“The temple was built at the edge of the hill, causing water disruption and erosion,” he said, adding that the municipal council should seek a long-term solution.

The expansion of the temple made headlines in 2007 after it caused a landslip, leading the council to issue a compound and a stop-work order to the temple management for violating the Street, Drainage and Building Act.

Fraser Towers resident Brian Tan wants Petaling Jaya City Council to inspect the safety of the hills on the Petaling Jaya side.

“We feel that there are parts of Bukit Gasing that are unstable. The authorities must make sure the maintenance of the hill slopes is done regularly.

New Straits Times found more than five landslides within Bukit Gasing that could lead to severe damage to properties and residents.


A landslip in Jalan Ukay Perdana 4 in Ampang, Selangor. Pic by Surianie Mohd Hanif

Yet again, development on steep hill slopes in Kuala Lumpur has proven to be disastrous.  This time, it seem to have taken 20 yrs… given the retention walls were first built in 1992 according to the Mayor of KL.

Bkt Setiawangsa landslide: Rain has authorities worried about further damage – Nation | The Star Online.

21 December 2012 | NST

THERE are plans to tear down and rebuild the Sivan Temple in Bukit Gasing which is in a bad shape. Chairman of the interim temple committee, Maharathan Thuraiswamy, said there was a need to scale down the temple which is located on top of the hill due to safety reasons.

The committee plans to demolish the existing two-storey structure and build a single-floor temple.

“I have plans to demolish the existing double-storey temple and build a single-storey temple. I was advised by my engineers that due to the poor workmanship of the temple it is unsafe for public.

“No matter who cares for this place, it should be about the safety of this place. We are transparent and we don’t want this temple to be politicised.”

“Due to the rainy season, we fear  the building may collapse,” said Maharathan.

A check by Streets recently found the temple in a deplorable condition. Long lines of cracks had appeared on the roof and walls and water had also seeped through the roof. There was also a large pool of stagnant water at the rooftop which could become a potential mosquito-breeding ground.

Mini “stalactites” had also formed from sections of the roof, believed caused by water which had been seeping through the walls over the years.

The poor condition of the temple was highlighted in a letter sent by Maharathan to the Selangor Menteri Besar Tan Seri Abdul Khalid Ibrahim office stating the committee’s intention to rebuild the temple.

The letter was forwarded to the Petaling Jaya City Council (MBPJ) and the matter was subsequently raised during the full-board meeting on Wednesday.

However, during the full-board meeting chaired by Deputy Mayor Puasa Md Taib, he said the council would not make any decision on the matter and would leave it to the state government related to the matter.

State executive councillor Dr A. Xavier Jayakumar, who had been tasked to look into the matter, said he was not in favour of demolishing the temple. However, he would discuss the matter further with the council and the new mayor Datin Paduka Alinah Ahmad.

The Sivan Temple started as a shrine some 40 years ago. About six years ago, it was rebuilt to the present size by certain parties without the approval from the authorities. It is now a two-storey temple with three multi-purpose halls.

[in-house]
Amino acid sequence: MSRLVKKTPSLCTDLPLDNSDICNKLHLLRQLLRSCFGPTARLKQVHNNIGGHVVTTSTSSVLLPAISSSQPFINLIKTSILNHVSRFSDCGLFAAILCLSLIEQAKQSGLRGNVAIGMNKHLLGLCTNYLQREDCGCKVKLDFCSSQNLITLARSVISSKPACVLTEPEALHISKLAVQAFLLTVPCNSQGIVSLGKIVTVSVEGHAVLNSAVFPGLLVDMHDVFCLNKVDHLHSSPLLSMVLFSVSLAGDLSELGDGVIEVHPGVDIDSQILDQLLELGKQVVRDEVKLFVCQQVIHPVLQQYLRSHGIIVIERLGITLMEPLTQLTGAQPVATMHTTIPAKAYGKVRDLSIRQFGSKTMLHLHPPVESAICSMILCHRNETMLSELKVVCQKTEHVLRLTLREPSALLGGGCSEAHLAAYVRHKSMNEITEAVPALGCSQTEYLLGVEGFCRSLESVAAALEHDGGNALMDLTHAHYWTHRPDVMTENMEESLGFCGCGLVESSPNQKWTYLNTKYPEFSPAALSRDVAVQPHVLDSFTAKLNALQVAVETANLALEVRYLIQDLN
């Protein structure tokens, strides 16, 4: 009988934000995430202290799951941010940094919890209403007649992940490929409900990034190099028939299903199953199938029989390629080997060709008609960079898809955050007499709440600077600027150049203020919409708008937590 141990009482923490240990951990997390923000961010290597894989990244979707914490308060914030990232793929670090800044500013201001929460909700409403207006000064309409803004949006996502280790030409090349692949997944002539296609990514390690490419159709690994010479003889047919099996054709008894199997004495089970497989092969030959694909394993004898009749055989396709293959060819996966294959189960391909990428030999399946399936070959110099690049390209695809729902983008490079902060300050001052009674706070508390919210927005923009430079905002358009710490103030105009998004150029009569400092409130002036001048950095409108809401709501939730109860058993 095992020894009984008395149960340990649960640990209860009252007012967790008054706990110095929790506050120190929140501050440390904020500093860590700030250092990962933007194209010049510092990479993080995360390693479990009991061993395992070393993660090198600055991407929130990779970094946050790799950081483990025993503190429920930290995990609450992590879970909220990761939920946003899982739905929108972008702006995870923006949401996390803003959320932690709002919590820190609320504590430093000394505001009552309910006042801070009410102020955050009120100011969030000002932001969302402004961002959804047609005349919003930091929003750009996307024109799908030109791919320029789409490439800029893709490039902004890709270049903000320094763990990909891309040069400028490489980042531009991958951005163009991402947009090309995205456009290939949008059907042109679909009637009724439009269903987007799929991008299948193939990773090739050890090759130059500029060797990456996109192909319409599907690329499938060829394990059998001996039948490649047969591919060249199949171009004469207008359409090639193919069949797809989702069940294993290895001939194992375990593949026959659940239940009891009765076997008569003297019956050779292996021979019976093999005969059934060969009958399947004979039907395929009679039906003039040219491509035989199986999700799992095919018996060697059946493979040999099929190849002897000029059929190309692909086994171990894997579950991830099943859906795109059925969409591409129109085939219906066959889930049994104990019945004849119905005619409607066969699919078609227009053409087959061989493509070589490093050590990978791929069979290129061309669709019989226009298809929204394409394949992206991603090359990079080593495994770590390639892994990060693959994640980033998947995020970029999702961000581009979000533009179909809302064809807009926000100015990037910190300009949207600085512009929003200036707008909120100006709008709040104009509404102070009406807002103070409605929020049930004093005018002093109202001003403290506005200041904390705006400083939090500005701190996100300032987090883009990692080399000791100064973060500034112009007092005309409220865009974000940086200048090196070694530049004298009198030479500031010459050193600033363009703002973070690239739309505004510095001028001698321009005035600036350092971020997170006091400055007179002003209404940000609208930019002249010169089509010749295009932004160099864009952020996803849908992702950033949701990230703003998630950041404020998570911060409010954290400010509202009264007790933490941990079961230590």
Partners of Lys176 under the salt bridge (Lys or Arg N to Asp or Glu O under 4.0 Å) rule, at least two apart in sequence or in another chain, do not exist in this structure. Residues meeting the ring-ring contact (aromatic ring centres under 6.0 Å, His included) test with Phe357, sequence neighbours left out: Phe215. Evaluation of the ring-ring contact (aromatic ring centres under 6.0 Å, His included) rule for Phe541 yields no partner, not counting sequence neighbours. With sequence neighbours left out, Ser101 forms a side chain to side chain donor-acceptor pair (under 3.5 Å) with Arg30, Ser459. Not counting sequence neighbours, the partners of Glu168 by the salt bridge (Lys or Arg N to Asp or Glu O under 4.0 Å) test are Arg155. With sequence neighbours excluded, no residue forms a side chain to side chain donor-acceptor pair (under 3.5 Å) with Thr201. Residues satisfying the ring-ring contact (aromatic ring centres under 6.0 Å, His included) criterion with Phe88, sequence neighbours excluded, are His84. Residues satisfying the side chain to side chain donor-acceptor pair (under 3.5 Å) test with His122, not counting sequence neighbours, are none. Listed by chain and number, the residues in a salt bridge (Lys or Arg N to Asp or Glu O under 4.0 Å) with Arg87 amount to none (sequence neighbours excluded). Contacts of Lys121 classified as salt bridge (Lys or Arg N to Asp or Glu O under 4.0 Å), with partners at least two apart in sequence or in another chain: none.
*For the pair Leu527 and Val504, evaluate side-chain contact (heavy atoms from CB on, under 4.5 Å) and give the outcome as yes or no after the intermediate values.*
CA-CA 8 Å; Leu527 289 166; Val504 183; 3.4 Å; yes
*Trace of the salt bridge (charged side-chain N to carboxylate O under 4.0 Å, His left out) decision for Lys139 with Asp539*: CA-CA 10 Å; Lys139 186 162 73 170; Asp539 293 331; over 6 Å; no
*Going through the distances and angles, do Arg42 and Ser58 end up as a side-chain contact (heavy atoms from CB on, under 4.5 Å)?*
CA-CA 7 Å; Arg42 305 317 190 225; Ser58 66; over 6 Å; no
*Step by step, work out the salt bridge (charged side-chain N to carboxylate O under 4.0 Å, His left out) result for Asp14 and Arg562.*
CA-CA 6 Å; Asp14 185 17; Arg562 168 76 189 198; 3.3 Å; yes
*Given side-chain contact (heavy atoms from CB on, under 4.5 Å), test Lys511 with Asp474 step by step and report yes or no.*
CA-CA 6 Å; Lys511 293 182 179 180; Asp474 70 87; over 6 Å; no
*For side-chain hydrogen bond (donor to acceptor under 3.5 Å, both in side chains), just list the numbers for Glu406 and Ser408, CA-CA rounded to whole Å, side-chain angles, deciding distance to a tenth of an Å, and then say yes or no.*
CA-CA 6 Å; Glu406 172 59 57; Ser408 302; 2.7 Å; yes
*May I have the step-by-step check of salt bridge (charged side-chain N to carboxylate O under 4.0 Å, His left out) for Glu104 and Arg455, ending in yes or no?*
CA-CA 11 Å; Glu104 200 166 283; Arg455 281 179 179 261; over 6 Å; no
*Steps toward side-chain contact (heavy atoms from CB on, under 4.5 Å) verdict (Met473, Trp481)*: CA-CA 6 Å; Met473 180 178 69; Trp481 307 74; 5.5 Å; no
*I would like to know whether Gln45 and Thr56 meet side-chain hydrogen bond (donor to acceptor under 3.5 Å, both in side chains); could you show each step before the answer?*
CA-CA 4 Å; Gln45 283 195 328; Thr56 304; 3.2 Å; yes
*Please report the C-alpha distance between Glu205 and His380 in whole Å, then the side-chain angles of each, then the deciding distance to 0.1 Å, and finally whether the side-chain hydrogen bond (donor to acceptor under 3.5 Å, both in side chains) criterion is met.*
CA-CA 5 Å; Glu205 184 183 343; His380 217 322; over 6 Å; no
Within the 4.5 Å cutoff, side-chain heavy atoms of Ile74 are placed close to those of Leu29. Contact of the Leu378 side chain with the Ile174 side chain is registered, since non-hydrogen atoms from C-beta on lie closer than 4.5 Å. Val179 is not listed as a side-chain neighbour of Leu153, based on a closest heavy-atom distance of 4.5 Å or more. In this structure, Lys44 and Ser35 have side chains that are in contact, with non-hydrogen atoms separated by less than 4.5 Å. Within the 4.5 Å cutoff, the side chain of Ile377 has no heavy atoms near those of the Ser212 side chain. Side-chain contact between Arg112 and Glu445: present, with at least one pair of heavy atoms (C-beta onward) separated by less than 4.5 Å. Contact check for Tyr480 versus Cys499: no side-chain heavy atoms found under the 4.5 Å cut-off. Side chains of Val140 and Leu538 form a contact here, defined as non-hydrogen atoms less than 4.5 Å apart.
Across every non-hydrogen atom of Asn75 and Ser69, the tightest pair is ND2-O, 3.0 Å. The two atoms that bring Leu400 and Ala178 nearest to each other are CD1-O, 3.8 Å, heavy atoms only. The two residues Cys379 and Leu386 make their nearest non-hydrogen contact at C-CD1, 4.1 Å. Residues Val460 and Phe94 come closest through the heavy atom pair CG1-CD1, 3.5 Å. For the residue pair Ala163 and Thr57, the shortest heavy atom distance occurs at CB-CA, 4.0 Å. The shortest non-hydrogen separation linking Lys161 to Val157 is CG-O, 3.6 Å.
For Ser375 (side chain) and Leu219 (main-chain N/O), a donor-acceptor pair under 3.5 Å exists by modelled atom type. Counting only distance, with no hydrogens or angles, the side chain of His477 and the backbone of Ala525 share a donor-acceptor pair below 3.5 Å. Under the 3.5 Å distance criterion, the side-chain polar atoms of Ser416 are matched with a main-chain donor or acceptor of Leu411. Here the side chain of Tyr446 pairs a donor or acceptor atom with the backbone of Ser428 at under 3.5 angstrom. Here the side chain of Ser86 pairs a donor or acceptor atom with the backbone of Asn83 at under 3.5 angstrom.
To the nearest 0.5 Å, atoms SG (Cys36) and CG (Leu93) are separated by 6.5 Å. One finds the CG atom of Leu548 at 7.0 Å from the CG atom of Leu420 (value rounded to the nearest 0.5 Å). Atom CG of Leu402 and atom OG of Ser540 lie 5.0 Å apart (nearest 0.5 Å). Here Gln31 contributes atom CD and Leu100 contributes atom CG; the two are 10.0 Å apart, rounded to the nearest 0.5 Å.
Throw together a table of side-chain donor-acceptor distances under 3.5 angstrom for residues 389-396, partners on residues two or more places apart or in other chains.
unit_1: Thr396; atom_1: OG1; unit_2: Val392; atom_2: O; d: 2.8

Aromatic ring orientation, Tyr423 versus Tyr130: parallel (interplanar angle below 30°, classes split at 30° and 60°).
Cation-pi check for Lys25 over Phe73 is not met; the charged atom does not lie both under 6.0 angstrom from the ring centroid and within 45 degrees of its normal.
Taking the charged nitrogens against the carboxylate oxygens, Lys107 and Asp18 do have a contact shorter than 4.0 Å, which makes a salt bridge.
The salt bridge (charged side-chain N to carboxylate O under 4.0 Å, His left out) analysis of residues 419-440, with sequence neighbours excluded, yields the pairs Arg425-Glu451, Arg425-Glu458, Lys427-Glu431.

The temple was closed for over six years due to the rebuilding works. However, small groups of devotees still pray daily at a smaller section of the temple.

When the temple was rebuilt, it incorporated gigantic architectures depicting religious idols. Some had claimed that the huge temple complex was unsafe as it was located on a hilltop which was prone to landslides.

In fact, the expansion of the temple made it to the headlines in 2007 after it caused a landslip.

The council issued a stop-work order and compound to the then temple management for violating the Street, Drainage and Building Act.

The landslip was rectified by the former temple management and was later certified by Public Works Institute of Malaysia (Ikram) in 2008.

The reconstruction work at the temple soon intensified. The council later received a complaint that a portion of the land facing the KL side of Bukit Gasing had given way.

MBPJ issued a second stop-work order and requested a proposal plan for the temple reconstruction works.

A 150m landslide occurred at the northeast of Sivan Temple on Jan 6 last year.

Work to stabilise the slope was allowed to continued by the former temple committee.

Not long after that a court tussle involving two groups claiming to be the temple’s rightful committees began.

On Oct 8 this year, the Shah Alam High Court held that Maharathan Thuraiswamy and four others could continue managing the temple until the disposal of a suit brought by them against Datin Seri Indrani Samy Vellu and three others which is still pending.

Cracks appearing on the roof of the Sivan Temple in Bukit GasingCracks appearing on the roof of the Sivan Temple in Bukit Gasing. Pic by Owee Ah Chun

Read more: Unsafe Sivan Temple may be torn down – Central – New Straits Times

Gasing Meridian’s proposed development at Bukit Gasing.

The fight to save Bukit Gasing on KL side from ravages of development had been fought for more than a decade. Promises to listen and even to gazette Bukit Gasing have been made, but nothing have changed. Petitions to DBKL and former PM Abdulah Badawi had been futile. Lately, the pace of development have accelerated. Even residents in low cost apartments in the kampong areas are being evicted to make way for development. If nothing is done, the rich will increasingly own the greens of Bukit Gasing.